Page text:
N-Gram: Part 1 ICS 482 Natural Language Processing Lecture 7: N-Gram: Part 1 Husni Al-Muhtaseb
بسم الله الرحمن الرحيمICS 482 Natural Language Processing Lecture 7: N-Gram: Part 1 Husni Al-Muhtaseb
NLP Credits and Acknowledgment These slides were adapted from presentations of the Authors of the book SPEECH and LANGUAGE PROCESSING: An Introduction to Natural Language Processing, Computational Linguistics, and Speech Recognition and some modifications from presentations found in the WEB by several scholars including the following
NLP Credits and Acknowledgment If your name is missing please contact me muhtaseb At Kfupm. Edu. sa
NLP Credits and Acknowledgment Khurshid Ahmad Staffan Larsson Robert Wilensky FeiyuXu JakubPiskorski RohiniSrihari Mark Sanderson Andrew Elks Marc Davis Ray Larson Jimmy Lin Marti Hearst Andrew McCallum Nick Kushmerick Mark Craven Chia-Hui Chang Diana Maynard James Allan HeshaamFeili BjörnGambäck Christian Korthals Thomas G. Dietterich Devika Subramanian DumindaWijesekera Lee McCluskey David J. Kriegman Kathleen McKeown Michael J. Ciaraldi David Finkel Min-Yen Kan Andreas Geyer-Schulz Franz J. Kurfess Tim Finin NadjetBouayad Kathy McCoy Hans Uszkoreit AzadehMaghsoodi • Martha Palmer • juliahirschberg • Elaine Rich • ChristofMonz • Bonnie J. Dorr • NizarHabash • Massimo Poesio • David Goss-Grubbs • Thomas K Harris • John Hutchins • Alexandros Potamianos • Mike Rosner • Latifa Al-Sulaiti • Giorgio Satta • Jerry R. Hobbs • Christopher Manning • HinrichSchütze • Alexander Gelbukh • Gina-Anne Levow • GuitaoGao • Qing Ma • ZeynepAltan Husni Al-Muhtaseb James Martin Jim Martin Dan Jurafsky Sandiway Fong Song young in Paula Matuszek Mary-Angela Papalaskari Dick Crouch Tracy Kin L. VenkataSubramaniam Martin Volk Bruce R. Maxim Jan Hajič SrinathSrinivasa Simeon Ntafos Paolo Pirjanian Ricardo Vilalta Tom Lenaerts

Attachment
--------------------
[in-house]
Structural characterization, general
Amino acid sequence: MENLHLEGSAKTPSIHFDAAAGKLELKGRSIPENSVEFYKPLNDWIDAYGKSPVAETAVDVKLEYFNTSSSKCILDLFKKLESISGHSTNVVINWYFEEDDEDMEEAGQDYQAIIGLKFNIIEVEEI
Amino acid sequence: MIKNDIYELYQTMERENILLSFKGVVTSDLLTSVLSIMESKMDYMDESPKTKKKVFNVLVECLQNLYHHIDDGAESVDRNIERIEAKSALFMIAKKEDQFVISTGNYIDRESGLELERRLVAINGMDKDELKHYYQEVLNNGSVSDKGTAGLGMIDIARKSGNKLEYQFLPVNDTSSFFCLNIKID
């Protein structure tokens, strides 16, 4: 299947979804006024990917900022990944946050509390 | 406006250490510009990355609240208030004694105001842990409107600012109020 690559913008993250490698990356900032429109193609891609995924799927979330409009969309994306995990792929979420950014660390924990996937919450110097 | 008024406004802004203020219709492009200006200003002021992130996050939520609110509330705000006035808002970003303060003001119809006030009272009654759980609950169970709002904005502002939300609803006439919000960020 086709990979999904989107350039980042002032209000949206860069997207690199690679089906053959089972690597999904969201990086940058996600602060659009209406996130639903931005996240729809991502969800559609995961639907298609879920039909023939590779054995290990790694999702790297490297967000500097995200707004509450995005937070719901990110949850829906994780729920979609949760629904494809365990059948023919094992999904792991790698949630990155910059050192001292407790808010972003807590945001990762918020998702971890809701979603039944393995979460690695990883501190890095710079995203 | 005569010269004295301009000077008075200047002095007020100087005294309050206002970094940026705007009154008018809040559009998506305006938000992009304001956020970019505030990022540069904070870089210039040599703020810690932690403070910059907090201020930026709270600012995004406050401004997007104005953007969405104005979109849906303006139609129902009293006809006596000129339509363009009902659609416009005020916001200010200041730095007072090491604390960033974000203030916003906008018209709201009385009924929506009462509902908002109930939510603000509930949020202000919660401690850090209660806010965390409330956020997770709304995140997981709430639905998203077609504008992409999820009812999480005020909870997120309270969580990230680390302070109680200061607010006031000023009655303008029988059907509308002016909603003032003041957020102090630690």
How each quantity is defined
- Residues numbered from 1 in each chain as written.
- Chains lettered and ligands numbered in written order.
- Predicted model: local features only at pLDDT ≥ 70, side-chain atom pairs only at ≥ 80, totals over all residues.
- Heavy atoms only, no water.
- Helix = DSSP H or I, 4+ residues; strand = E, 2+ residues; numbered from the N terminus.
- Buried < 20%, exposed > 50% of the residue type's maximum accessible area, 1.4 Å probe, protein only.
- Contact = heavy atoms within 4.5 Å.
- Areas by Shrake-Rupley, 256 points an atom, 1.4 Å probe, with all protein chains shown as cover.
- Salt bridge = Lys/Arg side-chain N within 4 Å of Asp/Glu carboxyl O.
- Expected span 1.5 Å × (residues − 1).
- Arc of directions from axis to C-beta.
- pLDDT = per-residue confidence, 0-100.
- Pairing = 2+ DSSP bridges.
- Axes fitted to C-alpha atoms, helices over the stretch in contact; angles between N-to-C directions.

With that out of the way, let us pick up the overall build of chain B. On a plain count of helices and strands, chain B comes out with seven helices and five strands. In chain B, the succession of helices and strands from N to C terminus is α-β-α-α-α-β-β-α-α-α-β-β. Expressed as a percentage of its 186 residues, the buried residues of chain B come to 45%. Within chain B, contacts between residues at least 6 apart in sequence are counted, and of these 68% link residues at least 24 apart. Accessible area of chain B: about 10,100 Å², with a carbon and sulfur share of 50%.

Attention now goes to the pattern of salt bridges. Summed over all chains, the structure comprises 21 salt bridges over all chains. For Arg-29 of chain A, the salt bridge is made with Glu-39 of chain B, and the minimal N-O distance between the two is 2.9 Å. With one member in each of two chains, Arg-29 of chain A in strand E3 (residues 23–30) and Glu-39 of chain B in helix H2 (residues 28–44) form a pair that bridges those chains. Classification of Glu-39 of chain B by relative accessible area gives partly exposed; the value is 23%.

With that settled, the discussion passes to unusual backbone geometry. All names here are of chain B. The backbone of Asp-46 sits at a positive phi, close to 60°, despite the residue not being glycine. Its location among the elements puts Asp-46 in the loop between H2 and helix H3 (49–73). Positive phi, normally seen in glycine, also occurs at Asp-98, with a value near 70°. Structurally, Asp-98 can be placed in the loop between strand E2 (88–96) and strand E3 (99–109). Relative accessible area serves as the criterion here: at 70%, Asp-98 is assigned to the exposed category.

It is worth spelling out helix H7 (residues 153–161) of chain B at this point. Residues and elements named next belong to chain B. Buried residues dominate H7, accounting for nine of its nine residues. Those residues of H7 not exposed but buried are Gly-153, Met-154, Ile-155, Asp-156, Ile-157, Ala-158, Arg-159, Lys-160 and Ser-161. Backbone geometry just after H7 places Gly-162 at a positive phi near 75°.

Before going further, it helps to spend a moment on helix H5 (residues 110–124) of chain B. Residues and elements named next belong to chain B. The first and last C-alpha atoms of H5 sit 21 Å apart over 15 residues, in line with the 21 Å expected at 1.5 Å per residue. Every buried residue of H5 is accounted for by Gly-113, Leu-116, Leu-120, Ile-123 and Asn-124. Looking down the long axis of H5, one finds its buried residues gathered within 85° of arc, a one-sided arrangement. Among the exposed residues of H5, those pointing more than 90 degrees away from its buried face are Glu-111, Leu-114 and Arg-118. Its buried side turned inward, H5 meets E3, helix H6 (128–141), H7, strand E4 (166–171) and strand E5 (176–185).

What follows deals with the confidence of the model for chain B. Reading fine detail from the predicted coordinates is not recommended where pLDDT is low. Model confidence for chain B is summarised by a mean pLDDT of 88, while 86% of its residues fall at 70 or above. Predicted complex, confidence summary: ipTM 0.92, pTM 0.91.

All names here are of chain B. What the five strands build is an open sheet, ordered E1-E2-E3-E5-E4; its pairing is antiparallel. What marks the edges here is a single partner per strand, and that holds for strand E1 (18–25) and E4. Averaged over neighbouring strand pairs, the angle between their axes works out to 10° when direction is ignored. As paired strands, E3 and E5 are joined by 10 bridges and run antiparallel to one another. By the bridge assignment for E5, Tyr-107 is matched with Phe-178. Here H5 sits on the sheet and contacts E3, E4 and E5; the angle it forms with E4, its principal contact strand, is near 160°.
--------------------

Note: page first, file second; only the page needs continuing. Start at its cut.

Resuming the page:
Previous Lectures • Pre-start questionnaire • Introduction and Phases of an NLP system • NLP Applications - Chatting with Alice • Regular Expressions, Finite State Automata, and Regular languages • Deterministic & Non-deterministic FSAs • Morphology: Inflectional & Derivational • Parsing and Finite State Transducers • Stemming & Porter Stemmer
Today’s Lecture • 20 Minute Quiz • Words in Context • Statistical NLP – Language Modeling • N Grams
NLP – Machine Translation analysis input generation output Morphological analysis Morphological synthesis Syntactic analysis Syntactic realization Semantic Interpretation Lexical selection Interlingua
Where we are? • Discussed individual words in isolation • Start looking at words in context • An artificial task: predicting next words in a sequence
Try to complete the following • The quiz was ------ • In this course, I want to get a good ----- • Can I make a telephone ----- • My friend has a fast ----- • This is too ------- • الوقت كالسيف إن لم تقطعه ------- • لا إله إلا أنت سبحانك إني كنت من -------